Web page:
There is a woman sitting to my left, and she is staring.
I look at her, I must have noticed her attention from the corner of my eye, or from that seldom alarm-centre in our brain that knows when we are watched. But she continues to stare, unwavering, at my face, brashly continuing when she saw that I had seen her, where most would glance politely away, disguising their curiosity, their interest. I avert my gaze for the intensity with which she looks.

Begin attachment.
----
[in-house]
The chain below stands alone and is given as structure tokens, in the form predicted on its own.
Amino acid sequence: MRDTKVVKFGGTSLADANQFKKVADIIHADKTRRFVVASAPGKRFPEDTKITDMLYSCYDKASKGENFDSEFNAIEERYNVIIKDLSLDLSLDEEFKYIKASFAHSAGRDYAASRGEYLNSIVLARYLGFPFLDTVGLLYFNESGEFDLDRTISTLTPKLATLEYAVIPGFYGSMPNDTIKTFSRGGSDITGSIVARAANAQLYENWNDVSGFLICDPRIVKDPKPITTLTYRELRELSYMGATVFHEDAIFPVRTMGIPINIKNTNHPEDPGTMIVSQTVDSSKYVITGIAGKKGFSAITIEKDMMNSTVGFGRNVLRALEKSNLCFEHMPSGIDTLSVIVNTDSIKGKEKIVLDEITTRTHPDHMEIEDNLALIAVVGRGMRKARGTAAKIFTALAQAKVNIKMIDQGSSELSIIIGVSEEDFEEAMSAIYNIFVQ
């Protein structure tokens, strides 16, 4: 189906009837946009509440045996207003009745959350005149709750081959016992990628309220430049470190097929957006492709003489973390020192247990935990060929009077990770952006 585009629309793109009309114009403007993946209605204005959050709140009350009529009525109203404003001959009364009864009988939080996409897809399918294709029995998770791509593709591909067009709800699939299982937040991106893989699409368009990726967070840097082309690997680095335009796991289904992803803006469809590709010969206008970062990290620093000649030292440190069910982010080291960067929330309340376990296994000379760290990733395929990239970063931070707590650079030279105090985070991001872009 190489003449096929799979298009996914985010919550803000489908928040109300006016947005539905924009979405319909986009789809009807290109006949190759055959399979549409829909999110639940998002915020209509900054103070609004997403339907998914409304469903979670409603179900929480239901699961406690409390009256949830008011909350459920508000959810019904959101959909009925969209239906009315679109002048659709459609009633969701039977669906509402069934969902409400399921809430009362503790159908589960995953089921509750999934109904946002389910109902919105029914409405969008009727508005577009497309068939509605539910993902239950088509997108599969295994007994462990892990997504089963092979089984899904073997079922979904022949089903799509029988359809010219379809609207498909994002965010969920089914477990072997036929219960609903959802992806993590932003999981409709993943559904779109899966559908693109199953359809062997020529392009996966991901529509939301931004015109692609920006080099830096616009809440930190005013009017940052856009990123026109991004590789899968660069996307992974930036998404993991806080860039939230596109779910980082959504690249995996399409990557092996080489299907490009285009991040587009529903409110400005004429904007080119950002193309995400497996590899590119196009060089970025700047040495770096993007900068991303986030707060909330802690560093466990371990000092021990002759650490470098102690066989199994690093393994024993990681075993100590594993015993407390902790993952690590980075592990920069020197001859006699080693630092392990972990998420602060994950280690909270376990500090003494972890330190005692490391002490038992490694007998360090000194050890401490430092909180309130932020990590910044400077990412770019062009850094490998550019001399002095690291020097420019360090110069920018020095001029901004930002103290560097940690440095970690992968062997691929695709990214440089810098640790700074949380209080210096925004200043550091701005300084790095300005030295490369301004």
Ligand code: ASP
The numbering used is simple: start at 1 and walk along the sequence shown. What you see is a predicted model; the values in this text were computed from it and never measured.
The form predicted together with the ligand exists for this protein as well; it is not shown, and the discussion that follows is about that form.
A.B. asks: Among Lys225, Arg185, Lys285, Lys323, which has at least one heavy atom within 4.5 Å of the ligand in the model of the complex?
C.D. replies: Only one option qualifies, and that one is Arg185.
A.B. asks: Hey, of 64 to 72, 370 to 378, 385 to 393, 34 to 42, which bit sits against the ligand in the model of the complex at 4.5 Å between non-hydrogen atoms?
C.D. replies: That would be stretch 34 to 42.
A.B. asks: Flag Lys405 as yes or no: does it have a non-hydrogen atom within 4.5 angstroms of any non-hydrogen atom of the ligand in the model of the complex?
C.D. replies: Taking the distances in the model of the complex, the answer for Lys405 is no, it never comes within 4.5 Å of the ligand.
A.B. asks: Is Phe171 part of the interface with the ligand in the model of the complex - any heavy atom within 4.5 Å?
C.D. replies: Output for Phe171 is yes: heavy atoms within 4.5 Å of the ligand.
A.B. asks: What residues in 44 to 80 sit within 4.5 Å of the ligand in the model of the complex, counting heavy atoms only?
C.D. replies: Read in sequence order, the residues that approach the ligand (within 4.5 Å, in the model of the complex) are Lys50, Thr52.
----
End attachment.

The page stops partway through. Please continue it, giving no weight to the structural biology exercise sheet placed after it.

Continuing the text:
We are chatting with a young Greek woman, wonderfully goth and friendly, who had coaxed us into the right metro when she saw us beleaguered and unthinking outside, who invited us to sit with her and her mother, made accommodations for our baggage between our legs. ‘You should always keep them close,’ she warned us, motioning that we should bring them over from where we had left them behind the seat, describing the dangers of urban Greece as our train rumbled toward its heart, delighting too in recounting the gun crime of Crete when we tell her we will venture there after. She was a little melancholic; she had just deposited her German boyfriend at the airport, counting down the days already until when next they might meet – we sympathise wholeheartedly, recalling our own year at distance between Germany and London, where six weeks felt longer than even the longest of childhood summers… [read more